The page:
This is a second post in the Smart Home series. See the previous post if you haven’t already: Last time we have set up the HA (Home Assistant), in this post we’ll learn about Zigbee and control some devices.


Zigbee is a specification for wireless communication protocols, very common solution for building home automation networks.

Explaining new terms is always easier when there’s something well known you can relate to, so before describing Zigbee let’s recall something familiar, the typical WiFi network.

wifi topology

This simplified graph shows a very basic WiFi setup. The router serves as the hub, through which all other devices communicate. Router’s signal strength must be sufficient to reach all the devices. Typical WiFi network would use WPA2 security, which requires the end device to know a pre shared key to connect to the network.

Let’s see how Zigbee compares to that

zigbee topology

The first major difference you can spot is that there’s no central point all devices are connected to. We call this a mesh. On the picture there are three terms:


Plugged via USB to your HA host, this is a device that let’s your instance talk to other Zigbee devices


This is not a dedicated device as it was for WiFi; this can be any smart device like smart outlet. Typically most network-powered devices will serve as a router.

Router can forward the connection from other devices to the bridge, so even if the end device is cannot reach the bridge, it still can be a part of the network using Router as a relay.

End device

Basically any non-router, think of battery-powered devices like thermometers, remote control buttons, door sensors etc.

Advantages over WiFi

WiFi is designed for a wider range of applications and using it for smart home is definitely an option. It’s common and extremely widely adopted. Nevertheless it has it’s drawbacks.

Zigbee is designed with personal area networks in mind. Home automation devices are often battery powered we need low energy consumption, and this is where Zigbee shines. This is accomplished by combining low power radios and mesh network. The end device’s radio has to be just strong enough to reach the nearest router, not necessarily all the way to the bridge.


As mentioned in the first post, I’m no expert in home automation, those are merely my learning notes. For a more detailed description and comparison of network types please consult the literature.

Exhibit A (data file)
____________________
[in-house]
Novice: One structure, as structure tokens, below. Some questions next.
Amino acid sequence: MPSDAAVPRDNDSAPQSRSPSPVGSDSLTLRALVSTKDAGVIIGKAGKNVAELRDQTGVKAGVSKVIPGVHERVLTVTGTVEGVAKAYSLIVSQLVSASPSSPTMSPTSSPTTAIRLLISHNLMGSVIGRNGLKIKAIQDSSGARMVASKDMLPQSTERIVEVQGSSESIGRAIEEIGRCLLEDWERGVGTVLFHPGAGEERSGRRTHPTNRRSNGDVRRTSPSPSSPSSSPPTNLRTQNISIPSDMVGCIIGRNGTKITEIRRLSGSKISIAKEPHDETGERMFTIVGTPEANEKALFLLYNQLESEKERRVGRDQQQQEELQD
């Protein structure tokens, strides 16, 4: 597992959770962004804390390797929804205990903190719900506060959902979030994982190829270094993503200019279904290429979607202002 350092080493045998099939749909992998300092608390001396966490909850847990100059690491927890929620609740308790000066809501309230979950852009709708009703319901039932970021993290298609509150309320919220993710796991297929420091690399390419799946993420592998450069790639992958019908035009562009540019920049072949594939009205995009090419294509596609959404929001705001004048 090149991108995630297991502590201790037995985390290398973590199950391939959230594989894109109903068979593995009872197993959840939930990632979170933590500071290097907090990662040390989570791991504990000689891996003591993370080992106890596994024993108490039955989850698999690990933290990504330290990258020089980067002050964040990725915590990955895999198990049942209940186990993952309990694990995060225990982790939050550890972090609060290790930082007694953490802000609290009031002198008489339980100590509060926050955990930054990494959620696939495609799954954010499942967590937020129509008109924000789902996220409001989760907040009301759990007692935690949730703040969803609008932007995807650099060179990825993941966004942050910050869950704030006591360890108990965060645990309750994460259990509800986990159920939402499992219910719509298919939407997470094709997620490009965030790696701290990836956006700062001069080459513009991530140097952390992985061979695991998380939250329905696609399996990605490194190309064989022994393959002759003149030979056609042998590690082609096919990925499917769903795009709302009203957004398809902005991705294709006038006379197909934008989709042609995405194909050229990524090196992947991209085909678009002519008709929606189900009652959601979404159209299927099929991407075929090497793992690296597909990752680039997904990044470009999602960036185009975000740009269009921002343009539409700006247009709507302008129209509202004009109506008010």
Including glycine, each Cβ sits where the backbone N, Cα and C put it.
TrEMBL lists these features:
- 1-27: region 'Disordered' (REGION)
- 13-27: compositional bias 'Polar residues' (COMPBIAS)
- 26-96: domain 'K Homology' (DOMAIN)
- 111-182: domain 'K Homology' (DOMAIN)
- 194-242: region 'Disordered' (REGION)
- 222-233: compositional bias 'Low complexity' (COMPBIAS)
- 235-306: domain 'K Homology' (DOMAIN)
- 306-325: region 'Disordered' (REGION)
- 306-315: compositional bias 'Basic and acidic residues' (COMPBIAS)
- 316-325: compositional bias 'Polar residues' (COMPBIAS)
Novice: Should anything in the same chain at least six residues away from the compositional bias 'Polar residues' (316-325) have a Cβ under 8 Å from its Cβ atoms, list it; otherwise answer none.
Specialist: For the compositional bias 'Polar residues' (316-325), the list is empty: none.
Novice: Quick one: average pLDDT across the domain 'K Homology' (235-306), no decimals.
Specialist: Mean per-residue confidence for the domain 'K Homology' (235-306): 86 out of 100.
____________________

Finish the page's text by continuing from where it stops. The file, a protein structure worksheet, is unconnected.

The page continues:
Selecting hardware

Hopefully the Zigbee is less mysterious by now. Typical PC or a Raspberry pi is not equipped to work with Zigbee. This is why we need to buy a bridge.

I decided to go with SONOFF Zigbee 3.0 USB Dongle Plus. It wasn’t an educated decision, I simply bought it because it was battle tested by my friends. The reviews online just confirm that.

Apart of the bridge, I needed something to control. For starters I’ve ordered Tuya NAS-WR01B smart plugs and IKEA Tradfri pilot to control them. The beauty if Zigbee is that it’s an open standard, so you can combine hardware from different providers.

Flashing Sonoff bridge

The SONOFF bridge I bought comes with preinstalled firmware, that doesn’t necessarily work well with all hardware providers. This is why we need to load custom firmware. Fortunately the OSS community comes to the rescue, the procedure is very simple. Here’s how you do it on Linux (should be pretty similar on Mac).

  1. Download and unzip the latest build of firmware compatible with the bridge: link to firmware release
  2. Unzip, this way you get the .hex file
  3. Clone the boot loader repo:
  4. Install the dependencies pyserial and intelhex with pip install pyserial intelhex
  5. Connect the Sonoff bridge
  6. Identify the create serial file for the bridge, by running ls /dev/serial/by-id. You should find something like /dev/serial/by-id/usb-Silicon_Labs_Sonoff_Zigbee_3.0_USB_Dongle_Plus_0001-if00-port0
  7. Navigate to the cloned repository
  8. Flash that bridge by running
sudo python3 -p /dev/serial/by-id/usb-Silicon_Labs_Sonoff_Zigbee_3.0_USB_Dongle_Plus_0001-if00-port0 -evw --bootloader-sonoff-usb ./path/to/hex/file.hex

Remember to replace ./path/to/hex/file.hex with the path to the file unziped in the point 1.

With all those steps done, my bridge was ready to work. All I had to do was to plug it to the HA host and restart it. When running your instance in docker, make sure to map the /dev/serial/by-id/... file to the container.

Setting our first automation

Everything is ready now, let’s join the dots. Navigate to Settings -> Devices & Services and you should see Sonoff Zigbee device

zigbee sonoff tile

Enter the device configuration and press Add Device on the bottom right. Make sure to have the paired device in close proximity to the bridge, HA will attempt to find and configure the new device.

zigbee pairing view

Now take your devices, plug them to power supply if required and enter the pairing mode as per the device instruction. Once you’re done, the device will show up on the Zigbee device graph

zigbee device graph

To set up an automation scenario, navigate to Settings -> Automation & Scenes, on the bottom right press Create Automation button and start with an empty automation. The simplest automation scenario when pressing a button switches the state of a power plug looks like this

zigbee automation

This is the time to play with your setup, build something more complex, learn something new and enjoy!

Wrapping up

This post describes how I learned about Zigbee and a basic setup. Hope you enjoyed it!